Yet another splendid building by the noted architect- Le Corbusier- in India. The Palace of Assembly is the third of his major buildings on the capitol at Chandigarh, which is known for its superb combination of art and architecture. It is one of the three concrete buildings (the other two- the Secretariat and the High Court or Palace of Justice) designed by Corbusier to create the Capitol complex in Chandigarh.

Notre Dame du Haut, Romchamp

Ronchamp Chapel

Known as one of Corbusier’s most iconic designs, Notre Dame du Haut is a small Roman Catholic Chapel in France. This is one of the buildings that has also been added to UNESCO World Heritage List. The work of this building was finished in 1954. This building replaces the old stone building, which was demolished during the second world war. Consisted of thick masonry walls, the curved concrete roof of the building provides structural support and improves stability to the main structure. Although the exterior look of the building seems quite complex, the interior has a simple layout plan.

Mill Owners’ Association Building, Ahmedabad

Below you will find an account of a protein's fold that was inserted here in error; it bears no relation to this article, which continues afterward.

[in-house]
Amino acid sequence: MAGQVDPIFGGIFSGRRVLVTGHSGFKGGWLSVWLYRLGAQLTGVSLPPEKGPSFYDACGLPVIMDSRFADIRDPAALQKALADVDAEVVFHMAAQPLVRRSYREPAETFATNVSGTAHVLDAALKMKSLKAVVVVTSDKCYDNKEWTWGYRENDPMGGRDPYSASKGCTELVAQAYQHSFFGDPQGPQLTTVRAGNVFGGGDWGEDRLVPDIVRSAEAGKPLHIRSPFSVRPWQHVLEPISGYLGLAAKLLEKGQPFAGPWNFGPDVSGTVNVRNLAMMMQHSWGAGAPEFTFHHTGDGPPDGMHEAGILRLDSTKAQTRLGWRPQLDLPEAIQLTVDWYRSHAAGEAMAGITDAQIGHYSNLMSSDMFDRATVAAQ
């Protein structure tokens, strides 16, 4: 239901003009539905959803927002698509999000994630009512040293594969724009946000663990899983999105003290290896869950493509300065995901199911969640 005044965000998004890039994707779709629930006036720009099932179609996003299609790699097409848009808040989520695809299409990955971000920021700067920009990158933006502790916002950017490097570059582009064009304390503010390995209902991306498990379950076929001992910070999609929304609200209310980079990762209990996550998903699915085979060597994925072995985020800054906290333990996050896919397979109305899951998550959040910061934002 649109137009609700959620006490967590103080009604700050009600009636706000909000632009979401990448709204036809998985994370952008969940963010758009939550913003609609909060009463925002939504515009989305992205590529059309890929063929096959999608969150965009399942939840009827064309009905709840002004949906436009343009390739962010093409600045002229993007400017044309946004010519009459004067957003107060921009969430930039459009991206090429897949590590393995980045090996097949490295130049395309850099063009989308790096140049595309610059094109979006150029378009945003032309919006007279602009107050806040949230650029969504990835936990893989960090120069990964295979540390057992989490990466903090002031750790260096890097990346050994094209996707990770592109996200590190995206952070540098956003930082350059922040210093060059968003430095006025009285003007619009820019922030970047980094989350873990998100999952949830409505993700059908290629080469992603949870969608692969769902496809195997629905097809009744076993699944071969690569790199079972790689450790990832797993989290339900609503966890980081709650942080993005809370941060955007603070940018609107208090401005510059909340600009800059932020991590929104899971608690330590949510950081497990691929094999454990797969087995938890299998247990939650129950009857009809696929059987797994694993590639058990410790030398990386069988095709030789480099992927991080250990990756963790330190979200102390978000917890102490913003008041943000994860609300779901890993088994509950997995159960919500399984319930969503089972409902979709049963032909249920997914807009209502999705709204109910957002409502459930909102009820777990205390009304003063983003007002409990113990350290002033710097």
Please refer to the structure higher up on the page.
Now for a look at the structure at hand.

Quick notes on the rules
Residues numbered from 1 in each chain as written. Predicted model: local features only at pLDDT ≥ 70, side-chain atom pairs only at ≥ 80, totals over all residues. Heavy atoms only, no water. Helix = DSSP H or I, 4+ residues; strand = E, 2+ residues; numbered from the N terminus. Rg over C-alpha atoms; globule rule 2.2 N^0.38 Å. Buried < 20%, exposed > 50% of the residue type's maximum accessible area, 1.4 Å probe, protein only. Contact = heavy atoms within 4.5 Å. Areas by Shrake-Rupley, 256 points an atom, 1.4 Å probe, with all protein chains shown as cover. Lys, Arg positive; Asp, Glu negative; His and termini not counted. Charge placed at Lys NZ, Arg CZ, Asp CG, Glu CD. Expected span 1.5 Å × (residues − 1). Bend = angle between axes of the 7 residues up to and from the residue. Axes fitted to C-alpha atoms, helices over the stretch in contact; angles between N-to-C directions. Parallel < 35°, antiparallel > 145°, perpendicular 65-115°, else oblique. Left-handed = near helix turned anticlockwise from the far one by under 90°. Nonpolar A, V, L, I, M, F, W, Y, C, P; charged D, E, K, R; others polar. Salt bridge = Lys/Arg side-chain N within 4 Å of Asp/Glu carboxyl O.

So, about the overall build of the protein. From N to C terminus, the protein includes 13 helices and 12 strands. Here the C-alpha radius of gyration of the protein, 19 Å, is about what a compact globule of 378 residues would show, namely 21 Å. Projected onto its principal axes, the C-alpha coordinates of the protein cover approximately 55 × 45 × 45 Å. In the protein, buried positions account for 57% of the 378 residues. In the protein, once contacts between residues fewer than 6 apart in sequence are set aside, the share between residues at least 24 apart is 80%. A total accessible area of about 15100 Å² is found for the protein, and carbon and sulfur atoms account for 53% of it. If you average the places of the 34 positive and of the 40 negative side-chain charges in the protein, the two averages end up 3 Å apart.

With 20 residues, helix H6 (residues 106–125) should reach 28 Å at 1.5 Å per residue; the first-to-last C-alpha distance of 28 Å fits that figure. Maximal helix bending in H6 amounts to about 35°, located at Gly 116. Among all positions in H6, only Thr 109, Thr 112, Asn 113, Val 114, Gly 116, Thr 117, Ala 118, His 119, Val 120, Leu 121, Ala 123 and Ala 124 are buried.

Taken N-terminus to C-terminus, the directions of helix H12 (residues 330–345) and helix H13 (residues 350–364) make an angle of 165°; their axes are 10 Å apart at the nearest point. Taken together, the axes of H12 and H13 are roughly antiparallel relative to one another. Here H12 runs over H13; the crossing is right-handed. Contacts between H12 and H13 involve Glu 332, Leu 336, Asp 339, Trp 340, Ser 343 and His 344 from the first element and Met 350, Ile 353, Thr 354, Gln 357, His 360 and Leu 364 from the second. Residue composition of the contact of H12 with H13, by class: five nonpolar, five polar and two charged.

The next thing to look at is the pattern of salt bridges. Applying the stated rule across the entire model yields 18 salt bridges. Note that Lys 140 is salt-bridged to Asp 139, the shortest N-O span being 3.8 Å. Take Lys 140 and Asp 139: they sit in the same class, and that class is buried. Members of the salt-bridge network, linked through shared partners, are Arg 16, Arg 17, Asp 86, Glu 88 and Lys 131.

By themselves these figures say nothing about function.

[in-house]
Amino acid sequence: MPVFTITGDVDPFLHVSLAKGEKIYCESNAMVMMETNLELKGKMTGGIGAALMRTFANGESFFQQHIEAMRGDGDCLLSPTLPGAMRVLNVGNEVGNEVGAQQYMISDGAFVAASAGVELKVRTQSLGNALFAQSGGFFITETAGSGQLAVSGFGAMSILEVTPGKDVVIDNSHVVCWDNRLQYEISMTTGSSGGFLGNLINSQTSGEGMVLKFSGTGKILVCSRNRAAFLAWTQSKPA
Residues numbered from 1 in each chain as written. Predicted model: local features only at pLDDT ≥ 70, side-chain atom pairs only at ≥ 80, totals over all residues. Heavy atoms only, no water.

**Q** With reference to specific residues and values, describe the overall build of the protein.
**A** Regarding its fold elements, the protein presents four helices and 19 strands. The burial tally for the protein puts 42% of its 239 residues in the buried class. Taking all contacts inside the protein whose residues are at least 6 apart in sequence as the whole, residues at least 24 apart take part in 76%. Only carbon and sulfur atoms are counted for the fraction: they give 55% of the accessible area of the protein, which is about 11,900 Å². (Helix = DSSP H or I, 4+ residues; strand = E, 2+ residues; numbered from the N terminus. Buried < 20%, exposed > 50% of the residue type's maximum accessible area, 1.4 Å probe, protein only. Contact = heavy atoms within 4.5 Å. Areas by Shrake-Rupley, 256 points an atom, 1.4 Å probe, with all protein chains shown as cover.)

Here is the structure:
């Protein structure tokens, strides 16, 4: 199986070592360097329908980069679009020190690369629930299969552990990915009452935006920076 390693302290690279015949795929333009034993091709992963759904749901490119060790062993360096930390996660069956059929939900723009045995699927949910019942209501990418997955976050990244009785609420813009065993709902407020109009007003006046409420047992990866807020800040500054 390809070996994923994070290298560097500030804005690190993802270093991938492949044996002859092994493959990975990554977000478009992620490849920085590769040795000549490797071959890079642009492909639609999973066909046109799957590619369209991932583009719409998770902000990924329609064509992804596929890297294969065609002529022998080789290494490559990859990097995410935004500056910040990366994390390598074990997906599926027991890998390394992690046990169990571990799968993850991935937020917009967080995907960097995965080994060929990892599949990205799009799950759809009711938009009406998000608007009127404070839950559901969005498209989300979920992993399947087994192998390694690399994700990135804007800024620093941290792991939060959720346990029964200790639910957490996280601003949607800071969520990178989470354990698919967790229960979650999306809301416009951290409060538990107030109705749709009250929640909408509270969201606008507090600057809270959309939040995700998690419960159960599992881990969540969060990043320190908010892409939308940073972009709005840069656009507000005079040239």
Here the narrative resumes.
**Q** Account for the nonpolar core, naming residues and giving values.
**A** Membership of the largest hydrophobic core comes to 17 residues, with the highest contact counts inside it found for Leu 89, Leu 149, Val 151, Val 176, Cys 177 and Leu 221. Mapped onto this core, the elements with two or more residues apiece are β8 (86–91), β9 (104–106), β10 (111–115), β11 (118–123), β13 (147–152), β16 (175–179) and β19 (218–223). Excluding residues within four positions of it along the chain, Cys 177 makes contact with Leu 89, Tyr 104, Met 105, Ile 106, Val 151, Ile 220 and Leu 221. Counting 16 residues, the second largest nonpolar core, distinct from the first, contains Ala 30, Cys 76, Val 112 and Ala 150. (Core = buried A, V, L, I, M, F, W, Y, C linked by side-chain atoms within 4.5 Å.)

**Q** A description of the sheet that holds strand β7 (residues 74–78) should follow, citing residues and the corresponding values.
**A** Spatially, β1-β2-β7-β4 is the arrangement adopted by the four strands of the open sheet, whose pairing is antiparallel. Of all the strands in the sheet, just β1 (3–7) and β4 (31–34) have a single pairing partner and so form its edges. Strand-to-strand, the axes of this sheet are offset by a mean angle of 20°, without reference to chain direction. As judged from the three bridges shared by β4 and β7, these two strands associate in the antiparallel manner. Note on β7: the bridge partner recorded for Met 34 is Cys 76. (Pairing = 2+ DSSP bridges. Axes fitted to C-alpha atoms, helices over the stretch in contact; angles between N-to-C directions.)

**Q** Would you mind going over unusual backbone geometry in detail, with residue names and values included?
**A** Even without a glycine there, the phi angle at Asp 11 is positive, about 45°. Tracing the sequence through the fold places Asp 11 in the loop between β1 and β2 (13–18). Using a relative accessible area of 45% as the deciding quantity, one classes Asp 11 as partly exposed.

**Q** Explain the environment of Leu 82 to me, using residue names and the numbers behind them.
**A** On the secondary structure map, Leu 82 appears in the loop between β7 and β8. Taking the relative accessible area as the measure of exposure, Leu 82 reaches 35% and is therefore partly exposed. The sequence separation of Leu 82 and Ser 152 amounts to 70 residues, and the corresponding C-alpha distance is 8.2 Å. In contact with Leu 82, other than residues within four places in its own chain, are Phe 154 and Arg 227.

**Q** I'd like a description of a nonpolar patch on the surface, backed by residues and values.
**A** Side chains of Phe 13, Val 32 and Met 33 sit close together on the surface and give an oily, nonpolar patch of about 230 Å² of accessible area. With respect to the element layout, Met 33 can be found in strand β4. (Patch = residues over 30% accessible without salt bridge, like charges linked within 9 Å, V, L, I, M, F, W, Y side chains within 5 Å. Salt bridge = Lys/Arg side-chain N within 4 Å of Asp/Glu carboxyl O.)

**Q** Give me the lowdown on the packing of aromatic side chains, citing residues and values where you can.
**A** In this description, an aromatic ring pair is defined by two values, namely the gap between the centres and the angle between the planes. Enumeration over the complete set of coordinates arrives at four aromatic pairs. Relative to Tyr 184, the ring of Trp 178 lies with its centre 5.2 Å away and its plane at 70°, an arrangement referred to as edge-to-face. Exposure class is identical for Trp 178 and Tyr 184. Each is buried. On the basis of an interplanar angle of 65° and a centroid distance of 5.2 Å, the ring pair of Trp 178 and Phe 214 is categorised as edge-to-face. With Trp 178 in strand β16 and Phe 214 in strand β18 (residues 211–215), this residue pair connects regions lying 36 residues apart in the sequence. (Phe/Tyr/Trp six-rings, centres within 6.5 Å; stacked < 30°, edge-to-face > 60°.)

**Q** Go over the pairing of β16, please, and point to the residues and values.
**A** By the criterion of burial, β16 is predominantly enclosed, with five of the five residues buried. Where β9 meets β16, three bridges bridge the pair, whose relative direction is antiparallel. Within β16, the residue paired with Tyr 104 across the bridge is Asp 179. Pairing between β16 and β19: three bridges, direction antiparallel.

Surottam Hutheesingh, president of the Mill Owners' Association instructed Le Corbusier to design the organization's headquarters in Ahmedabad. This is one of the four buildings designed by the legendary architect Le Corbusier in Ahmedabad. when you enter the building, you will see a long ramp in front, with slightly slanted concrete deep trellis screens- brise-soleil (sun breakers) composing the east and the west facades of the building. These screens not only block out the harsh sunlight but also allows the proper air circulation.

Pavillon Suisse/ Swiss pavilion

Pavillon Suisse/ Swiss pavilion

Le Corbusier designed Pavillon Suisse/ Swiss pavilion in collaboration with his partner cousin Pierre Jeanneret. The building was built to house the students at the Cité Internationale Universitaire in Paris. Incorporating the architect’s five points of architecture, the building is elevated on pilotis having a single story and a four-story slab. The pilotis are near to its center, highlighting the ‘floating’ effect. It is also known as “one of Le Corbusier’s freest and most imaginative creations”.